wishbone 4“We walk into the restaurant and sit down and right away I’m in trouble.  My mother — she always does this — wants to switch tables.  And my husband absolutely refuses to move.
“And I’m in the middle.  They’re both looking at me, and I can’t please both of them, and I feel like a wishbone.”
She turns to me.
“What do you do?”
“Leave them at the restaurant, go to McDonald’s and get a cheeseburger,” I say.
The group laughs.  But I’m not kidding.
Often the only way out of such dilemmas is what I call healthy selfishness.
Healthy selfishness — listening to yourself, and putting yourself first at least occasionally — is indispensible practice for any codependent serious about recovery.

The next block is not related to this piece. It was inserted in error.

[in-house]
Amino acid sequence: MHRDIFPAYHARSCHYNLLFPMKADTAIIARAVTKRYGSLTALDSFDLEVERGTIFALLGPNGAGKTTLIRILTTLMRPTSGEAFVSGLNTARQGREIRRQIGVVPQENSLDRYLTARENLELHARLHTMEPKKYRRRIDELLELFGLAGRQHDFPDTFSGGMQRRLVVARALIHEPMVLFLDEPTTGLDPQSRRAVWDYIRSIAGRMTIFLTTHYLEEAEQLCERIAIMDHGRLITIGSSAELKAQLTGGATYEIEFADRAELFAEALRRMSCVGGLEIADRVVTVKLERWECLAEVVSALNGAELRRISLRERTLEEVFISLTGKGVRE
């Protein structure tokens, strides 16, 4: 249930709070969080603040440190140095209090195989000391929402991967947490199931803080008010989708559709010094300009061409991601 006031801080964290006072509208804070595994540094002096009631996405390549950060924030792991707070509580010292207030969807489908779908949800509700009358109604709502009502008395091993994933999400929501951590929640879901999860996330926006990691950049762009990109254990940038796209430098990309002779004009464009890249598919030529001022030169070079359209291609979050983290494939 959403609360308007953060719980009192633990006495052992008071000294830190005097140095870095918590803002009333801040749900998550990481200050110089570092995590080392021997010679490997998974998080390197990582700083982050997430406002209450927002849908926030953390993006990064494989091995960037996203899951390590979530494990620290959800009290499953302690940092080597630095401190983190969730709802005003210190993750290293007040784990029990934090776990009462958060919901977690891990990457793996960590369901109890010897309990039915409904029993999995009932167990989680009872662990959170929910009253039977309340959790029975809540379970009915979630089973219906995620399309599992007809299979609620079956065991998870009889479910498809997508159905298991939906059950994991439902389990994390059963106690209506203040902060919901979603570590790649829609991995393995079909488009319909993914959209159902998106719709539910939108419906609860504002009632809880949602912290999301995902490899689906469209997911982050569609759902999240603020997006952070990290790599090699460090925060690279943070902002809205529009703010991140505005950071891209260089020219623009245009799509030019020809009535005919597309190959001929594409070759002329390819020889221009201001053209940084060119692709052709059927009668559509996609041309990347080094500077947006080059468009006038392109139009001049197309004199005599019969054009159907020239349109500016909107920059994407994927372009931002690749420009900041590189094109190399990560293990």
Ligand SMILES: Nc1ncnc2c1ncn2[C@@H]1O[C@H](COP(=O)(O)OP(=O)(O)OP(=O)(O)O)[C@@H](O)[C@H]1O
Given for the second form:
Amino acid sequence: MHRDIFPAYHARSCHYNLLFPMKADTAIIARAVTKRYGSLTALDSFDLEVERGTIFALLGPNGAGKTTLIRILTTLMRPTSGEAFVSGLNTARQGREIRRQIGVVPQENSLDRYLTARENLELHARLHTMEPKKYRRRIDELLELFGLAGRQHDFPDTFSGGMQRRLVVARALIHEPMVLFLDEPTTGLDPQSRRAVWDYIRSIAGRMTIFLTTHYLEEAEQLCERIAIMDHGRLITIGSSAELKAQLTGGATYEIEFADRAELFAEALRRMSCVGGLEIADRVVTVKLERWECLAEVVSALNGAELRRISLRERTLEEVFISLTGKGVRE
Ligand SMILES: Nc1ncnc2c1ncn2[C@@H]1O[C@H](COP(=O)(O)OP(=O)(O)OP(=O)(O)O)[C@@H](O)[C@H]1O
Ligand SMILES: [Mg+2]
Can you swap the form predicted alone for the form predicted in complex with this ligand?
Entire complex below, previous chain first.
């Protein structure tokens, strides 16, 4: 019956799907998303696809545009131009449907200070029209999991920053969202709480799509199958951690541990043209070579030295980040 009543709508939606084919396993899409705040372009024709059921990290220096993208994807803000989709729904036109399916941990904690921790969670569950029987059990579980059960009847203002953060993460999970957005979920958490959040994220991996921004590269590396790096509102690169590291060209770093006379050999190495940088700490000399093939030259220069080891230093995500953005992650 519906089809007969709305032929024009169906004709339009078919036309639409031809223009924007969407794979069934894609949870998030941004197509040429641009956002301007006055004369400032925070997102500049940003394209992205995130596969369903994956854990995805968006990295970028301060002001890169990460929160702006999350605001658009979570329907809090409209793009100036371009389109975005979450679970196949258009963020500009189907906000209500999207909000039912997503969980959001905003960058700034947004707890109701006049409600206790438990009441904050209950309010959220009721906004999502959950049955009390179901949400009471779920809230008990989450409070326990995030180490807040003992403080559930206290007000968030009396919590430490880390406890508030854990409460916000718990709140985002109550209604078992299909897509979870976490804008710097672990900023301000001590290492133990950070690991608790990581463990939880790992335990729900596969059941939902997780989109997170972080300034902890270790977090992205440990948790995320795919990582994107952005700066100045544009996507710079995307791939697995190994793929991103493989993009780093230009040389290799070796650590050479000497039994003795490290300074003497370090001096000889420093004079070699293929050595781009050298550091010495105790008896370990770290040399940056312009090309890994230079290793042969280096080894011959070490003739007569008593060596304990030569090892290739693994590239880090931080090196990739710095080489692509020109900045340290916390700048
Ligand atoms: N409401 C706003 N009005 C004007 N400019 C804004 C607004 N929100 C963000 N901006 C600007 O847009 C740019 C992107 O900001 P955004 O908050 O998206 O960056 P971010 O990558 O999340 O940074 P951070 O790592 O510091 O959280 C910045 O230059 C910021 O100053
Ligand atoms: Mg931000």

Without it you live a kind of wishbone existence, perpetually suspended between the pull of your own needs and preferences and the pull exerted by others.
You may hate hearing this, though.   Because if you’re a codependent you probably see selfishness as some sort of sin.
But here’s the thing:
Most people who see selfishness as sinful were taught to do so by selfish people.
By parents, maybe, who preached unselfishness but at the same time made it clear they expected you to put their preferences first always.  Or by partners, who delivered the unspoken but persistent directive Don’t take care of your self.  Take care of my self instead.  
Sinners in sheep’s clothing.
So in recovery your choice is between continuing your wishbonish existence or become honestly, courageously sinful yourself.
Guess which I’m rooting for?
Enjoy your cheeseburger.


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